I’ve practiced mindfulness meditation for over a decade, read countless self-help books, and gone to individual therapy for years, but what’s been most transformative in my relationship with my partner, my connection with friends and family, and even my work as a therapist, has been group therapy.
For the past few years, I’ve met virtually every week with a therapist and four or five other group members. Slowly but surely I’ve learned how to share how I feel—about difficulties in my life, about others in the group, about anything that comes up during group sessions—even when I’m afraid to. The courage and communication skills I’ve learned have helped me be more authentic with the people who matter most outside of the group.
For example, within an hour of leaving on a road trip last year to the Appalachian Mountains, my partner and I got into a bickering match at a grocery store. After a few minutes of awkward silence back on the highway, I pushed through the tension to tell her how I felt.
“I didn’t like how you talked to me back there,” I said. “It didn’t feel good.”
My partner responded that she hadn’t been aware of how she’d talked to me and thanked me for letting her know. I then realized that, for some reason, I’d felt like I’d needed to control how much money we’d spent. I told her that it was probably because I’d just paid the property tax bill, which was higher than I’d expected, and I was feeling anxious about money. She said she appreciated my honesty.
We both apologized for our part of the conflict and continued on what ended up being a fun, romantic weekend. That might not sound like a big deal, but I’d been afraid to tell her how I felt.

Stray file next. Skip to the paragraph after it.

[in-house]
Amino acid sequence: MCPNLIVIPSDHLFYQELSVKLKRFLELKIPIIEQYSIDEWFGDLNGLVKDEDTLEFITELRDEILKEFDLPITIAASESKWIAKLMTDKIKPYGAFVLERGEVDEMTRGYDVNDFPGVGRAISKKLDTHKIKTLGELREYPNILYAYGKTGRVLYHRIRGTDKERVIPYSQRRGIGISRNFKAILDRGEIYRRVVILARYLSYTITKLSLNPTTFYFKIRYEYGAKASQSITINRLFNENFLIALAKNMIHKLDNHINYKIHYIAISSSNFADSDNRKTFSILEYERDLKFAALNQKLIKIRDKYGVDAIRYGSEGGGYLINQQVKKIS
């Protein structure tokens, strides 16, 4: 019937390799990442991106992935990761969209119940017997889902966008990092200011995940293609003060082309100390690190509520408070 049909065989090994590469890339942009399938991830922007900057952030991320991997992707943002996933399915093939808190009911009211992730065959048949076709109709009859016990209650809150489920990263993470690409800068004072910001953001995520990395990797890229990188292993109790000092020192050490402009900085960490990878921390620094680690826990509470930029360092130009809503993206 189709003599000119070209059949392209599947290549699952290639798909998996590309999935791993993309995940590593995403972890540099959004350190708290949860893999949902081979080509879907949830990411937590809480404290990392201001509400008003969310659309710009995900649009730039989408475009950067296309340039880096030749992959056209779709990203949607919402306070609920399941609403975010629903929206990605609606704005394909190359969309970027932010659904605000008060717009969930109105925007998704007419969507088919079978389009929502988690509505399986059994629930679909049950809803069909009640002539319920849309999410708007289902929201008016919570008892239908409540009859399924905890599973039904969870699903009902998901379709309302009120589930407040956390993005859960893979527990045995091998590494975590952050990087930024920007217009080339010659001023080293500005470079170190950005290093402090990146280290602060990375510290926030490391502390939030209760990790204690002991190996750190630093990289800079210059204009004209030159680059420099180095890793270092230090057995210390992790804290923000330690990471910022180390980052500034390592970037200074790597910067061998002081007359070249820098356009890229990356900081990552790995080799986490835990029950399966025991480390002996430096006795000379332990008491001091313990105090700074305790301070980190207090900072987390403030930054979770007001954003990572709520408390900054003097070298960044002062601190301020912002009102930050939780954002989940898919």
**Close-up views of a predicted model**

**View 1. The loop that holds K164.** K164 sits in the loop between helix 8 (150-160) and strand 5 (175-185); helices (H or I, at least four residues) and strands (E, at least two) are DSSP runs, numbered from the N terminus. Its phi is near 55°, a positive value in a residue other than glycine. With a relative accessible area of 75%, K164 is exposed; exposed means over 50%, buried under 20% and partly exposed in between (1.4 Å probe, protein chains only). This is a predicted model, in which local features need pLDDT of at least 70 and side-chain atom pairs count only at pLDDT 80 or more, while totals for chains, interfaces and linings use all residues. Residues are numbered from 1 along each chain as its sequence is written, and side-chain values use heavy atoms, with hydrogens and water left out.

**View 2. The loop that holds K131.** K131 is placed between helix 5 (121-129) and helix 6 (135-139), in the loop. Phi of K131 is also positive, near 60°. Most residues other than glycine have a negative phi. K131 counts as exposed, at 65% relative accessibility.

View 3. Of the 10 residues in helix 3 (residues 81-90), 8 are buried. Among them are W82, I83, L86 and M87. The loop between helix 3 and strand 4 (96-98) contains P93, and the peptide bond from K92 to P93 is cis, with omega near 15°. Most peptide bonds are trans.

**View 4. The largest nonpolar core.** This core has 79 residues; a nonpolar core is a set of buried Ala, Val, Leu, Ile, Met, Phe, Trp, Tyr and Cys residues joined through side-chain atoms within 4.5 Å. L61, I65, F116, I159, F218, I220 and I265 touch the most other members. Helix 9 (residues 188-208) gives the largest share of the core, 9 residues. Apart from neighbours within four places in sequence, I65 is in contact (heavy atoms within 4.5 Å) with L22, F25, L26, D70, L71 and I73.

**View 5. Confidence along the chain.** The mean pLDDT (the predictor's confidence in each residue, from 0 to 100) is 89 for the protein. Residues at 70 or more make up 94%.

Part of me had thought she’d get mad and tell me to turn the car around to go back home. Another part had thought that if I just acted like everything was fine, eventually the tension would fade, and we’d go back to having a good time. But saying how I truly felt ended up diffusing the tension and bringing us closer together.
I learned how to do that in group therapy. There have been countless moments when I’ve worried that sharing how I feel about another group member or something they said would hurt them or make them angry.
Usually, I’m completely wrong. They often respond by thanking me for letting them know—and then we joke about how easy it is to assume things about each other. Sometimes, they do feel hurt or angered or annoyed by me. That’s often when the therapist steps in to help us navigate our feelings without causing harm to each other.
In other words, I’ve learned how to be more honest and vulnerable in group therapy—how to say what I truly feel more often, in ways that don’t unnecessarily hurt others. .
You might be different from me. Instead of worrying about triggering other people, you might worry about other people triggering you. Maybe you don’t feel safe around certain types of people based their gender, sexual, or racial identity. Maybe you have a tendency to monopolize conversations or, conversely, you hold back and don’t say what you truly feel.